Orphan Drug Designation
Under the Orphan Drug Act, the FDA may grant orphan designation to a drug or biologic intended to treat a rare disease or condition, which is a disease or condition that affects fewer than 200,000 individuals in the United States, or if it affects more than 200,000 individuals in the United States, there is no reasonable expectation that the cost of developing and making the product available in the United States for the disease or condition will be recovered from sales of the product. Orphan designation must be requested before submitting a BLA. Orphan designation does not convey any advantage in or shorten the duration of the regulatory review and approval process, though companies developing orphan products are eligible for certain incentives, including tax credits for qualified clinical testing and waiver of application fees.
If a product that has orphan designation subsequently receives the first FDA approval for the disease or condition for which it has such designation, the product is entitled to a seven-year period of marketing exclusivity during which the FDA may not approve any other applications to market the same therapeutic agent for the same indication, except in limited circumstances, such as a subsequent product’s showing of clinical superiority over the product with orphan exclusivity or where the original applicant cannot produce sufficient quantities of product. Competitors, however, may receive approval of different therapeutic agents for the indication for which the orphan product has exclusivity or obtain approval for the same therapeutic agent for a different indication than that for which the orphan product has exclusivity. Orphan product exclusivity could block the approval of one of our products for seven years if a competitor obtains approval for the same therapeutic agent for the same indication before we do, unless we are able to demonstrate that our product is clinically superior. Further, if a designated orphan product receives marketing approval for an indication broader than the rare disease or condition for which it received orphan designation, it may not be entitled to orphan exclusivity.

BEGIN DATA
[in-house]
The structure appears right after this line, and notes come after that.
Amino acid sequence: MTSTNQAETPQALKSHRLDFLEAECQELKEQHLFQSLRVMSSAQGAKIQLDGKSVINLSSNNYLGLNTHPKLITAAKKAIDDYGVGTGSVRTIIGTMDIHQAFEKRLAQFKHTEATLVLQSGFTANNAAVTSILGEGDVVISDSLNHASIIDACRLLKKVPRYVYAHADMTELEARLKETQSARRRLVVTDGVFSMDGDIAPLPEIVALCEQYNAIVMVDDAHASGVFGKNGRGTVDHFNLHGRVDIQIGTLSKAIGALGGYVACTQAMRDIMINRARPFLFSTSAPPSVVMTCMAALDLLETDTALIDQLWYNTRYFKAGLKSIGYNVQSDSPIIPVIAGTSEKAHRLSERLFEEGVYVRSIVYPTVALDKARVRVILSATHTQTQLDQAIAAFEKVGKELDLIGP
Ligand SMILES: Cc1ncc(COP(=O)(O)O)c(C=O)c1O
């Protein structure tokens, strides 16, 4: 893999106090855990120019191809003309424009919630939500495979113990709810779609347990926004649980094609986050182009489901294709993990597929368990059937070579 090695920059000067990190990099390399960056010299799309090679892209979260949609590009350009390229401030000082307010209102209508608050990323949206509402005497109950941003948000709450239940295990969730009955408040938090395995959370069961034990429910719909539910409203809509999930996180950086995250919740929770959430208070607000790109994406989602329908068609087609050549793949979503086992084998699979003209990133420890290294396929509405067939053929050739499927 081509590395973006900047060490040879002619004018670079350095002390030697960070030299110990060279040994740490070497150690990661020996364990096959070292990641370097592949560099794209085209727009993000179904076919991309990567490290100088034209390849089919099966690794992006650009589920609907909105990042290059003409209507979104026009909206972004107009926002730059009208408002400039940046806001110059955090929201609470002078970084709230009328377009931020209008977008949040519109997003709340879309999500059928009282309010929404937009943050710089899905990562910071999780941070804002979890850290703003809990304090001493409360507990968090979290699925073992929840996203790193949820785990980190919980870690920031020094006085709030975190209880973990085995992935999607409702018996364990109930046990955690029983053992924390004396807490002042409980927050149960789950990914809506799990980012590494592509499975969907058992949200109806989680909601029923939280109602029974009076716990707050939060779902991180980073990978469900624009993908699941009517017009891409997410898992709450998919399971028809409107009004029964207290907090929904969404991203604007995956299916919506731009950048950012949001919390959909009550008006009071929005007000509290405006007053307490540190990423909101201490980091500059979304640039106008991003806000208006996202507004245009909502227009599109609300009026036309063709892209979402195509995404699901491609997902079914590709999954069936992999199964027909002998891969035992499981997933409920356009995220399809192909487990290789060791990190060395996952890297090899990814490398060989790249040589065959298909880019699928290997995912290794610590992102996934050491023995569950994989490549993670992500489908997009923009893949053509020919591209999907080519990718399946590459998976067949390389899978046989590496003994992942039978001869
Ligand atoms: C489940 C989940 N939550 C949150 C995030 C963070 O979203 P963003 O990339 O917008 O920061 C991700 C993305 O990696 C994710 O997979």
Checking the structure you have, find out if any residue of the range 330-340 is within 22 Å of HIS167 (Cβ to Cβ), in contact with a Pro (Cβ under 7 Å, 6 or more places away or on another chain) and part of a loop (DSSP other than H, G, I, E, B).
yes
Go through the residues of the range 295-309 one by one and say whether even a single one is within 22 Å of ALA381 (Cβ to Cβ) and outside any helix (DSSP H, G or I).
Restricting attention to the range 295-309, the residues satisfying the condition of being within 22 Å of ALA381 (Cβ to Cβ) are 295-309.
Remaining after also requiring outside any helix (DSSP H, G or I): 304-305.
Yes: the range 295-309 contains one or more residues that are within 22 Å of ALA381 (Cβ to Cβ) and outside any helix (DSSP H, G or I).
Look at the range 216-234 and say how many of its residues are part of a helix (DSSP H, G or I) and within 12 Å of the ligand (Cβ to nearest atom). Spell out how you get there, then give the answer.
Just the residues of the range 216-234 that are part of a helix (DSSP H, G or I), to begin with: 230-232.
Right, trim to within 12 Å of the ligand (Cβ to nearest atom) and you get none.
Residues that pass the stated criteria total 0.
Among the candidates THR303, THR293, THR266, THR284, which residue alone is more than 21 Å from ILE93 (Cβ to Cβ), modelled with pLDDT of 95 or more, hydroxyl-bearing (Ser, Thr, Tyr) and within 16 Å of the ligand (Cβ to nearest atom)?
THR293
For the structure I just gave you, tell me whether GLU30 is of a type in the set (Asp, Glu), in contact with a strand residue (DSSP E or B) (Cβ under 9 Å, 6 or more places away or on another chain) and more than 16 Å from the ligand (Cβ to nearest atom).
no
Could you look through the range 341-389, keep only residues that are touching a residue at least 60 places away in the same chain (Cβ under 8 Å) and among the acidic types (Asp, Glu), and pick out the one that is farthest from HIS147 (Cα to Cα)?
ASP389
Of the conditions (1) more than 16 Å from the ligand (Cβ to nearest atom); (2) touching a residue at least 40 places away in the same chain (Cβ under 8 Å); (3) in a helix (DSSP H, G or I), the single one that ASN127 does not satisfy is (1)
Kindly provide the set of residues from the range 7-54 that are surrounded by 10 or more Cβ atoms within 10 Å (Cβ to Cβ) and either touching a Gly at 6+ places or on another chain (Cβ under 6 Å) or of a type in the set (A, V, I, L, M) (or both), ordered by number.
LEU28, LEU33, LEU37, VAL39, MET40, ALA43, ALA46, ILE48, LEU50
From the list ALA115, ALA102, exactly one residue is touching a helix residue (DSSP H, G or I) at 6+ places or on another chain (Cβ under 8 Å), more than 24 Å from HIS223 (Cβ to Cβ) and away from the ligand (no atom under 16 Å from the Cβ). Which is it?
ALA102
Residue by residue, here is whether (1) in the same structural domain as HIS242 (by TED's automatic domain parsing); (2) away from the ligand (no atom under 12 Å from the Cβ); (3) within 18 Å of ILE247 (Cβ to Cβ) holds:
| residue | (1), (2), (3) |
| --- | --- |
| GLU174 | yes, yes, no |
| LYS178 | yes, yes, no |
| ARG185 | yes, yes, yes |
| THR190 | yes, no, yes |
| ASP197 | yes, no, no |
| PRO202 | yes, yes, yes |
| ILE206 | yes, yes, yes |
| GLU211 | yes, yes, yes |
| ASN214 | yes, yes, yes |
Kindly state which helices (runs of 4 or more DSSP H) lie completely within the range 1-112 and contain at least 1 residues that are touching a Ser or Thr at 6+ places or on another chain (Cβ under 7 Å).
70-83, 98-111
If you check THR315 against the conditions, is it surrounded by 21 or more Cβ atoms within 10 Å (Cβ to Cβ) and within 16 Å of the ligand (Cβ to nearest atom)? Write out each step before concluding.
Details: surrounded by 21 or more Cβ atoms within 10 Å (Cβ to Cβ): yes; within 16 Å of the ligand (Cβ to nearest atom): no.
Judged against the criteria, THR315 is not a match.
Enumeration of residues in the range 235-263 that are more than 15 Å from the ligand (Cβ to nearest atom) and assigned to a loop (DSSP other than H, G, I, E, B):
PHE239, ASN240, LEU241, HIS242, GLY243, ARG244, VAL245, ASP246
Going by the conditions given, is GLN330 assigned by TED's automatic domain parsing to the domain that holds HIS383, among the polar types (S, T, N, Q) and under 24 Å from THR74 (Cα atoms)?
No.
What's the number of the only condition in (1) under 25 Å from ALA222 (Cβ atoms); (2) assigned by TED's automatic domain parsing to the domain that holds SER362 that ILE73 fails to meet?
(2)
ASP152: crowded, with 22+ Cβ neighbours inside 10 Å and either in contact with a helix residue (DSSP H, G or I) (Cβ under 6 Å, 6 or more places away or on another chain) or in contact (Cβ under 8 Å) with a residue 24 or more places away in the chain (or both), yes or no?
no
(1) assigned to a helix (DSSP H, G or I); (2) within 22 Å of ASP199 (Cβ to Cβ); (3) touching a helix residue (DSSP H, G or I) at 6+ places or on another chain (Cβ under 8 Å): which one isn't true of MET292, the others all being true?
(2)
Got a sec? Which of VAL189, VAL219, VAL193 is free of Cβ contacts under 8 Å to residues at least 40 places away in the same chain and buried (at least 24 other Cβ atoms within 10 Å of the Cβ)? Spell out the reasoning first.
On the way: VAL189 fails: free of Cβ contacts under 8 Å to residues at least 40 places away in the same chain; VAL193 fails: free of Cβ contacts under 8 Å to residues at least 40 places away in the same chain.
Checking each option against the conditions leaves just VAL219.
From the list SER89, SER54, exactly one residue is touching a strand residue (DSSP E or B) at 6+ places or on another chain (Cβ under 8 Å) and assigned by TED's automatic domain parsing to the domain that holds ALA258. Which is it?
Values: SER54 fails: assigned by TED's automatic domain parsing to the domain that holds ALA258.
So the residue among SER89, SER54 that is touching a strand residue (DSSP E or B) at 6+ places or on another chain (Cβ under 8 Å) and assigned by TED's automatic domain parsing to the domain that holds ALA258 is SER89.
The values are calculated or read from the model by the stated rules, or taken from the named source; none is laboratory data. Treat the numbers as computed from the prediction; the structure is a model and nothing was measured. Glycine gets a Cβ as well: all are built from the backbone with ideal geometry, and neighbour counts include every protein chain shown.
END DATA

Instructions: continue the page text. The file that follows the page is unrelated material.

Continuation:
In August 2015, the FDA granted orphan drug designation to SER-109 for the treatment of recurrent CDI. In December 2017, the FDA granted Orphan Drug Designation to SER-287 for treatment of UC in pediatric patients.
We may seek additional orphan designation for one or more of our product candidates, but the FDA may disagree with our analysis of the prevalence of a disease or condition or other criteria for designation and refuse to grant orphan status. We cannot guarantee that we will obtain designation or approval for any product candidate, or that we will be able to secure orphan product exclusivity if we do obtain approval.